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Do I Need Medicare Part A or Part B if I Am Still Working?
It can be beneficial to sign up for Medicare Part A even if you keep working after you turn sixty-five.
This is because Part A may still help pay some of the costs not covered by your group health plan, even if you have existing health coverage.
However, you may not need Medicare Part B if you or your spouse are still working and currently have group health coverage.
You would have to pay the monthly Medicare Part B premium, and those benefits may not be...
What is Medicare?
Medicare is health insurance for people age 65 or older, for people under age 65 with certain disabilities, and for people of any age with end-stage renal disease or Lou Gehrig's disease.
Medicare includes the following four parts:
Part A - hospital insurance,
Part B - medical insurance,
Part C - Medicare Advantage Plans, and
Part D - Prescription Drug Coverage.
For more Medicare FAQs please visit: http://www.ehealthmedicare.com/about-medicare/faq/
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What is Medicare Initial Enrollment Period?
Initial Enrollment Period is when you can enroll into Medicare for the first time.
It starts three months before you turn age sixty-five and lasts for seven months.
If you already get benefits from the Social Security Administration or the Railroad Retirement Board, you are automatically entitled to Medicare Part A, Hospital Insurance, and Part B, Medical Insurance, starting the first day of the month that you turn sixty-five.
You do not need to do anything...
Related topics : medicare part d initial enrollment period / part b medicare special enrollment / medicare hospital insurance part / medicare part b medical insurance / social security administration medicare enrollment
Do I Need to Enroll in Part B if I am a Retired Federal Employee with a Employee Benefits Package?
Retired Federal employees are entitled to Medicare under the same rules as all other retirees.
You are first eligible to enroll in Part B during your initial enrollment period which begins three months before you turn age sixty-five and ends three months after you turn age sixty-five.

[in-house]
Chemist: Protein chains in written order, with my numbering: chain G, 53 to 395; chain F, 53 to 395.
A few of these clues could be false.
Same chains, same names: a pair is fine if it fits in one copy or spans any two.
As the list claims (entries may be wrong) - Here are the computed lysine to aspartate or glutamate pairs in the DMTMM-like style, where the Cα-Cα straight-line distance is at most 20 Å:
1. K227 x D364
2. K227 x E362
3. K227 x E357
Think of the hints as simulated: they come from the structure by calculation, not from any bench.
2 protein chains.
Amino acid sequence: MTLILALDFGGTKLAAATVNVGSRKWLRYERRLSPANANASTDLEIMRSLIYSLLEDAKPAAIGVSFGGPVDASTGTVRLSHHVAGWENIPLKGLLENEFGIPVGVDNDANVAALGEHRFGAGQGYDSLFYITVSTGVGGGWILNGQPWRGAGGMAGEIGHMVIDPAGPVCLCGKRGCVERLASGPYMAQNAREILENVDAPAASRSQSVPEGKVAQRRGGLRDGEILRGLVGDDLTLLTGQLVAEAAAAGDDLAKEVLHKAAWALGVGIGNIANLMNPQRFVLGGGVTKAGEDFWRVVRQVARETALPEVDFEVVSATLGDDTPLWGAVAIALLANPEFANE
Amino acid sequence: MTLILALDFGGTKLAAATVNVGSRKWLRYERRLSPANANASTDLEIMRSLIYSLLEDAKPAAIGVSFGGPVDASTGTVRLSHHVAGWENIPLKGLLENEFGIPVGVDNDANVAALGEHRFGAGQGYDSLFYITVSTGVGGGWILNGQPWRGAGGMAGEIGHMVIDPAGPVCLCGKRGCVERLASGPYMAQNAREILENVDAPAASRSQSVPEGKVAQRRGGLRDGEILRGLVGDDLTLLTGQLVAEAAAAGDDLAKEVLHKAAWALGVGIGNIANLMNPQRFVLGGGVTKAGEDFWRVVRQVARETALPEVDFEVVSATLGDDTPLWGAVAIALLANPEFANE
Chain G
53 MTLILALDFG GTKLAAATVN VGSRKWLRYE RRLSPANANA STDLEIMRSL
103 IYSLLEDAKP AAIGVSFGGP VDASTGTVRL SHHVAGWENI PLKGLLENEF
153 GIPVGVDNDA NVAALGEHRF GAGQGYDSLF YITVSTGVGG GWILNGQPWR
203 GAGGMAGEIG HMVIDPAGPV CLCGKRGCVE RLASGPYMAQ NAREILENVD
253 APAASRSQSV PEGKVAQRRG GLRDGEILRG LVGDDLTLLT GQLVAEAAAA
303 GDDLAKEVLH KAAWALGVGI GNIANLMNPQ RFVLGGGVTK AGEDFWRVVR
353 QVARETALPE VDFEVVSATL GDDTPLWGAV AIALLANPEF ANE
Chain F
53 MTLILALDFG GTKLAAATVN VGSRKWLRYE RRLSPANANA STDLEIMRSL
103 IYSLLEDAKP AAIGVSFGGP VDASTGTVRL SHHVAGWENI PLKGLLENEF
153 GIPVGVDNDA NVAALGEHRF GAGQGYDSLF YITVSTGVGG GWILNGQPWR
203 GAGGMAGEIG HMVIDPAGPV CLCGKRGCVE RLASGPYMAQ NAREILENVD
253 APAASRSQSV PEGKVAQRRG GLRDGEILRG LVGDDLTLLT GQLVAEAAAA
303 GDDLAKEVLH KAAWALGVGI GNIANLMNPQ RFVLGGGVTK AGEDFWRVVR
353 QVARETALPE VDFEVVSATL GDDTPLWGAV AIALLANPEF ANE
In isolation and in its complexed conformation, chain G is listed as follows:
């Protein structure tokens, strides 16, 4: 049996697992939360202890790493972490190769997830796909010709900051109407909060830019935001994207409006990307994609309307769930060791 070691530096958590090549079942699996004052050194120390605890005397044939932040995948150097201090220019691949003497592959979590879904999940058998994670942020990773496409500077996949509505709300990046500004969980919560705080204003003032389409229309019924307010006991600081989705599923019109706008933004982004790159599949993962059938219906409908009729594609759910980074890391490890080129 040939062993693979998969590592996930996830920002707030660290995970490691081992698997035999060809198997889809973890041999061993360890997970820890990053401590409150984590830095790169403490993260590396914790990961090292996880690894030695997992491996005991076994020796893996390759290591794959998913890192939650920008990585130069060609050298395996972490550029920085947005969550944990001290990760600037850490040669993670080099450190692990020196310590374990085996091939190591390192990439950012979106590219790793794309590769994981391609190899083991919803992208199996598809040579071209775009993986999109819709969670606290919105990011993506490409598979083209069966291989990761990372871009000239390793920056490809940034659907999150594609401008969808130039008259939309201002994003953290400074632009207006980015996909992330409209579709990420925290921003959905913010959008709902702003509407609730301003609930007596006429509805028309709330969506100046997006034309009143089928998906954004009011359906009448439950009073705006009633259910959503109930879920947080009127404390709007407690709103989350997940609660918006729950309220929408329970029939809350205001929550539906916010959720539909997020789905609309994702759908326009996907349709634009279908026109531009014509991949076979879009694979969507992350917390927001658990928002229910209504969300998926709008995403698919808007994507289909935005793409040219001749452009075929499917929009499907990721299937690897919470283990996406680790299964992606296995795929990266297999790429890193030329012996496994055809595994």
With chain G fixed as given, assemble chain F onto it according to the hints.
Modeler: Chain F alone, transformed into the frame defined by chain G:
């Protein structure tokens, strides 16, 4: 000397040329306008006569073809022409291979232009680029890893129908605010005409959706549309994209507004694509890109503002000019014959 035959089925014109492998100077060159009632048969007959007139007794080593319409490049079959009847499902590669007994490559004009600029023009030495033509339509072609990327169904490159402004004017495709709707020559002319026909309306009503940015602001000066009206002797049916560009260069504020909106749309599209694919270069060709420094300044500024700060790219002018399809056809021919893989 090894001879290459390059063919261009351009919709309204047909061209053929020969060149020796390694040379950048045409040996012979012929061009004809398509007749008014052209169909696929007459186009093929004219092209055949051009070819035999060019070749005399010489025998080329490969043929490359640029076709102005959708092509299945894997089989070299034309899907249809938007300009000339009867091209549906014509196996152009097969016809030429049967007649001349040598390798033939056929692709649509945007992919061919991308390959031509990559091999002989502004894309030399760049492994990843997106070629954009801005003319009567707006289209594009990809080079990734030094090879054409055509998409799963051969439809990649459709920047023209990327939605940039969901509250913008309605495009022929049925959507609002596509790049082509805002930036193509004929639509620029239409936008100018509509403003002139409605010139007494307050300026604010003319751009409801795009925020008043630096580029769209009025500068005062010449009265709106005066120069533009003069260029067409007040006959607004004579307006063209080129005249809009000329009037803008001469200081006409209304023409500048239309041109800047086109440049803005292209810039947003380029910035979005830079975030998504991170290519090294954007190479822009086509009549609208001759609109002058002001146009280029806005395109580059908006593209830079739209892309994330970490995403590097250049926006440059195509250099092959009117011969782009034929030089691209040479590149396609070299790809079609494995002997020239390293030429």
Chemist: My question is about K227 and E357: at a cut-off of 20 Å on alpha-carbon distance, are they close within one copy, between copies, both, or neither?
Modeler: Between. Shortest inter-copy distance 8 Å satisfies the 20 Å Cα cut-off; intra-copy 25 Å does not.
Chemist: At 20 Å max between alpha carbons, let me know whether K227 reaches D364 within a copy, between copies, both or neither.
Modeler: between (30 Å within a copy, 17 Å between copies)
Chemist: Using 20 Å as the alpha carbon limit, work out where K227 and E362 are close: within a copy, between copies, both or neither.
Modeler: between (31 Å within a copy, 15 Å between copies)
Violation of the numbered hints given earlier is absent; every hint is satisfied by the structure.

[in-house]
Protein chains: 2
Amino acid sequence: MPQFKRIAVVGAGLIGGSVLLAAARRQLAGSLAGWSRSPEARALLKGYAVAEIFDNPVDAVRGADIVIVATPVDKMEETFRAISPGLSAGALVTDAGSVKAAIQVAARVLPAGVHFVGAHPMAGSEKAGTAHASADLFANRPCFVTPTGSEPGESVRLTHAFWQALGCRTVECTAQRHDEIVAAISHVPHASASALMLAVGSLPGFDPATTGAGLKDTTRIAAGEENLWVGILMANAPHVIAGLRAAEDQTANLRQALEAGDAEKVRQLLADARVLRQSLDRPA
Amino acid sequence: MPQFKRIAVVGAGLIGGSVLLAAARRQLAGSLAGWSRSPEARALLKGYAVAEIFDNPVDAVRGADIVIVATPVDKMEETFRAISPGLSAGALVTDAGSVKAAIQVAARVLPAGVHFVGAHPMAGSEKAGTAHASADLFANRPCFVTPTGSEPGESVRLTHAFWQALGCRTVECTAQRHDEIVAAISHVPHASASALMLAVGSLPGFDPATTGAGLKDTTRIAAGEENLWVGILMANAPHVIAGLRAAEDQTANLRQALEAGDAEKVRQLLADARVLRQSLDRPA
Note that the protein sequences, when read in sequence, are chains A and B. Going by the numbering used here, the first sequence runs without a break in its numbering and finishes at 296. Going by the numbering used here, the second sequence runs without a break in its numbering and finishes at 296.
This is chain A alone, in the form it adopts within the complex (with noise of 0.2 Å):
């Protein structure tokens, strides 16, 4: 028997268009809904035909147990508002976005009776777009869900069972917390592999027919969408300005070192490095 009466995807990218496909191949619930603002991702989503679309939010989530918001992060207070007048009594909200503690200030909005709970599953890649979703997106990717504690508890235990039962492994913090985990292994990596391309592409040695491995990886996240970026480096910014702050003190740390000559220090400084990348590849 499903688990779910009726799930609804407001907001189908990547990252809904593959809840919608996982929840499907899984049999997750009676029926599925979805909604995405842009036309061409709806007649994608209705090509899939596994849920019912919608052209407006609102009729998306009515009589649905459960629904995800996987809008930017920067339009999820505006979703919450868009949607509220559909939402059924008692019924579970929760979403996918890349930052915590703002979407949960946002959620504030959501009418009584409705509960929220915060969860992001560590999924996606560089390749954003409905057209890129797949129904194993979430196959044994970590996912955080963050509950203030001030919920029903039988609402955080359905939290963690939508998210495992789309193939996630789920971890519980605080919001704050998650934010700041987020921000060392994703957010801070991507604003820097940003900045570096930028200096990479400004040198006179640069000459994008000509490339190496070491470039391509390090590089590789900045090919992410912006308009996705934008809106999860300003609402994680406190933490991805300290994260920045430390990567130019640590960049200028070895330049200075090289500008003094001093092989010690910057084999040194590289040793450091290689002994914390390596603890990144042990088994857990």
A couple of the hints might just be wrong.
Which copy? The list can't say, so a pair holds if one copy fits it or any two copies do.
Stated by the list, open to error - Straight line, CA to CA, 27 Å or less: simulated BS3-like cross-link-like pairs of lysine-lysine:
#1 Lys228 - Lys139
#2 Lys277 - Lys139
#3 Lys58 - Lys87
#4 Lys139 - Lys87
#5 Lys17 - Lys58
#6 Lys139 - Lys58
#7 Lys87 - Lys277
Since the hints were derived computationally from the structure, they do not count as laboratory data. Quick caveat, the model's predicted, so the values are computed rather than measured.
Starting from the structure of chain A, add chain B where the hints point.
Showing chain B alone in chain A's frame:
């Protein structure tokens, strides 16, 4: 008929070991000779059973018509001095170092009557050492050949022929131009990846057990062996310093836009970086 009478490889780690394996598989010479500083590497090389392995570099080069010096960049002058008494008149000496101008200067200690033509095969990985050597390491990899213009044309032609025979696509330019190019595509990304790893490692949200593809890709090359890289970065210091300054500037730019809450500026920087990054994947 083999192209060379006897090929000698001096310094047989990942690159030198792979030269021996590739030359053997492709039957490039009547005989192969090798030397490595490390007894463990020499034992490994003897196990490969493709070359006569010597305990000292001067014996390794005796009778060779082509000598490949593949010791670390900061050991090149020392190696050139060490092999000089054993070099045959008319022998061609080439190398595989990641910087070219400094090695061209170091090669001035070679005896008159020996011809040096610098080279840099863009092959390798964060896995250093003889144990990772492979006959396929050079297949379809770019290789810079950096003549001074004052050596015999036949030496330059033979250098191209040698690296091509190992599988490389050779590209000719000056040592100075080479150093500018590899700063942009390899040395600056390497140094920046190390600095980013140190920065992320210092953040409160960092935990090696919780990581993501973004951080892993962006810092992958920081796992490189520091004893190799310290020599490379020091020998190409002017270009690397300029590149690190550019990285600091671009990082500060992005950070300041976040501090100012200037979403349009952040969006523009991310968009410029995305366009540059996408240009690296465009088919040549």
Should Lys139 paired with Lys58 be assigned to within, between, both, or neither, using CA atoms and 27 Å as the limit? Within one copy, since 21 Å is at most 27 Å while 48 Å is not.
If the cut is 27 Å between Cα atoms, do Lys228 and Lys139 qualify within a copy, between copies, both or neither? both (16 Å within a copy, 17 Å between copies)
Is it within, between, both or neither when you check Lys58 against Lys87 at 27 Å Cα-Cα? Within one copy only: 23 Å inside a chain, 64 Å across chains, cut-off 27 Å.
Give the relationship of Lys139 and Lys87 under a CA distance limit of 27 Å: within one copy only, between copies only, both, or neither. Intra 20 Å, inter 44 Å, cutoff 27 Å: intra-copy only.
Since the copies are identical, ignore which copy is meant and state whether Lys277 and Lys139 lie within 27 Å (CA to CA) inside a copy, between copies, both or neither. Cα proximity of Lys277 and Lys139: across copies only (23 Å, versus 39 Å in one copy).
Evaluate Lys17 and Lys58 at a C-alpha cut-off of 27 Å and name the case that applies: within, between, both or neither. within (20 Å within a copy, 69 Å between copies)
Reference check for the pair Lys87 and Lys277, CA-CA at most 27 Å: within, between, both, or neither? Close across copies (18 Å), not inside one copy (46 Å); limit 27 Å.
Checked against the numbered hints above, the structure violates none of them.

If you do not enroll then, you may only enroll during the General Enrollment Period which is from January 1st through March 31st of each year.
Part B coverage is effective July...
Related topics : social security administration medicare enrollment / medicare part d initial enrollment period / retired federal employees and medicare / social security administration medicare premiums / part b medicare enrollment rules
Can I Delay Medicare Part B Enrollment Without Paying Higher Premiums?
In certain cases, you can delay your Medicare Part B enrollment in order to avoid paying higher premiums.
If you didn't take Medicare Part B when you were first eligible because you or your spouse were working and had group health plan coverage, you can sign up for Medicare Part B during a Special Enrollment Period.
You can sign up anytime you are still covered through your or your spouse's current or active employment, or during the 8 months your group...
Can I Get Medicare Part B If I Do Not Have Medicare Part A?
If you are not eligible for free Medicare Part A hospital insurance, you can buy Medicare Part B, without having to obtain Part A.
You must be age sixty-five or older, a resident of the U.S., and a U.S. citizen.
If you are not a U.S. citizen, you must be a lawfully admitted alien who has lived in the U.S. continuously for the five year period immediately preceding the month of enrollment.
A lawfully admitted alien is a permanent resident of the U.S. who...
I Joined a Medicare Advantage Plan, Why Is Social Security Still Taking Money Each Month for Part B?
If you join a Medicare Advantage plan you are still in the Medicare program and therefore entitled to all your regular Medicare-covered services.
Medicare Advantage plans provide health care according to their contract with Medicare, so you must continue to pay the monthly Medicare Part B premium.
You may also have to pay an additional monthly premium to the plan.
In return, the plan may provide benefits like coordination of care or reduce out-of-pocket...
What Benefits are Available to Uniformed Services Retirees and Their Dependents?
The Department of Defense has implemented TRICARE for Life, or TLF, which provides expanded medical coverage for Medicare-eligible uniformed services retirees, including retired National Guard members and reservists.
This also includes Medicare-eligible family members, widows and widowers, and certain former spouses if they were eligible for TRICARE before age sixty-five.
In order to be eligible for TLF, you must be sixty-five or older and have Medicare Part...
If I Am a Retired Federal Employee with FEHBP, Do I Have To Take Part B Coverage If I Don't Want It?
You don't have to take Part B coverage if you don't want it.
However, there are some advantages to enrolling in Part B.
You have the advantage of coordination of benefits between Medicare and your FEHB plan, reducing your out-of-pocket costs.
Check your FEHB plan brochure for coverage details to determine if Part B is right for you.
If you are enrolled in an FEHB HMO and Medicare is the primary payer, you may go outside of the plan's network for Part B...
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When shopping for Medicare coverage, ask about dental and vision care
sk about dental and vision care
Original Medicare, parts A and B, will pay for certain vision and dental services, but routine care and check-ups are not covered.
Many Medicare Advantage plans include coverage for dental and vision care, but not all of them.
If these benefits are important to you, check to see if the Medicare Advantage plan you’re considering provides those benefits.
If the plan doesn’t provide routine dental and vision, or if you’re buying a Medigap plan, you can...